Hard to afford housing

Apartment shortage grows in Union City, WNY

Earlier this month, Union City passed an amendment to the city’s rent control ordinance recognizing that an “emergency” exists in terms of a lack of affordable rental housing within city limits. The revised ordinance bans landlords from withholding available housing units by requiring them to report a vacancy exceeding 90 days to the Rent Leveling Board Office.
The issue arose recently after two fires in the city forced residents into the streets. Mayor Brian Stack asked landlords to come forward who might have apartments available that these residents could afford.


Edwards cites last year as the shelter’s busiest year ever, with many “working homeless.”

The situation begged the question: What about the hundreds of government designated affordable apartments in both Union City and West New York? Why weren’t those available to tenants displaced by a fire? And what other resources are out there?

Subsidized units, homeless shelter

Affordable housing is a term used to describe units that rent for roughly 30 percent of a household’s gross income.
Along with the shortage of existing affordable housing stock in the area, the Union City ordinance recognizes the insufficient construction of new affordable units. The city itself is densely populated, with little room for new construction.
Union City and West New York both have federal housing projects for low-income people. The waiting list for the Union City Housing Authority, regulated by U.S. Department of Housing and Development (HUD), has remained closed for two years, at capacity with 1,000 waiting to gain entrance to one of the 455 one-, two-, three-, and four-bedroom units.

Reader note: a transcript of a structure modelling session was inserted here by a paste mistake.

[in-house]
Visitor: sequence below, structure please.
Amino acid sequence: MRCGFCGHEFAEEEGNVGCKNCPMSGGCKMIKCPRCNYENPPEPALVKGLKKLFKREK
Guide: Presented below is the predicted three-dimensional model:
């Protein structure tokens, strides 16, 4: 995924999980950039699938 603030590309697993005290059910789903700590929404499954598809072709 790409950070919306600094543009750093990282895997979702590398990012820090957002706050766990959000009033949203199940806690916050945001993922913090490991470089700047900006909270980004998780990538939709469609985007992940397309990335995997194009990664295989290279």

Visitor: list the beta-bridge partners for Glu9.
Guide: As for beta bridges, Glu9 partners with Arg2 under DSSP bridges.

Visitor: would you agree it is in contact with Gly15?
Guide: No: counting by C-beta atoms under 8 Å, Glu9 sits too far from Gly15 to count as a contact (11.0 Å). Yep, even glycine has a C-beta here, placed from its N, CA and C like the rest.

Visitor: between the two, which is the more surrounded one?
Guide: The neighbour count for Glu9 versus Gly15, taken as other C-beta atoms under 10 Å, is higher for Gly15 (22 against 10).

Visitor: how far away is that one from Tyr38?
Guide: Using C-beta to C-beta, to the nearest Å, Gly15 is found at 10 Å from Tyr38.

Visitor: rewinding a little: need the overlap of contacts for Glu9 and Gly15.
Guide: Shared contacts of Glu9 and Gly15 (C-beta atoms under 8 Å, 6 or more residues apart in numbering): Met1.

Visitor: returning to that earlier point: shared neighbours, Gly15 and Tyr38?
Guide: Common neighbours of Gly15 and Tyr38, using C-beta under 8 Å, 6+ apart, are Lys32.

Of those 455 units, 101 are set aside as senior housing at 3700 Palisade Ave. The rest of the units are distributed at the following locations: 512 3rd St, 3901 and 3911 Kennedy Blvd., and 634, 640, and 660 39th St. The units, which cost from $50 a month to $1,200, rent for 30 percent of the renter’s income, which means that a job loss may force the rent down with proper documentation.
The approximate waiting time for somebody on the waiting list, according to a Union City Housing Authority employee, is eight years, with most of the turnover occurring with the two-bedroom units and the least accessible being the one-bedroom units.
Fire victims or domestic violence victims in need of immediate support have sometimes been allowed by the Union City Housing Authority to bypass the waiting list and occupy vacant apartments for a limited time. However, that would still require apartments to become vacant. In the case of the recent fire victims, they were able to find alternative housing through relatives or other means.
The West New York Housing Authority also offers affordable housing for lower-income residents, with 241 family units and 473 senior citizen units, for a total of 714 units in eight developments.
However, the waiting list for senior housing is four to five years, while the family waiting list, which currently has 600 on it, is 10 to 12 years. The last person to be placed in a vacant apartment, according to Executive Director Robert DiVincent, had initially applied in 1998.

Helping agencies

Since many people cannot afford down payments on new homes in these tough economic times, they have preferred to rent, leaving the rental market more competitive. As home prices drop, apartment rents increase.
Emory Edwards, executive director of a homeless shelter in Union City, Palisades Emergency Residence Corporation (PERC), said that the housing market in the county is “unrealistic” for low-income renters, with rental rates skyrocketing and employed residents trapped in the shelter system or looking to PERC for services.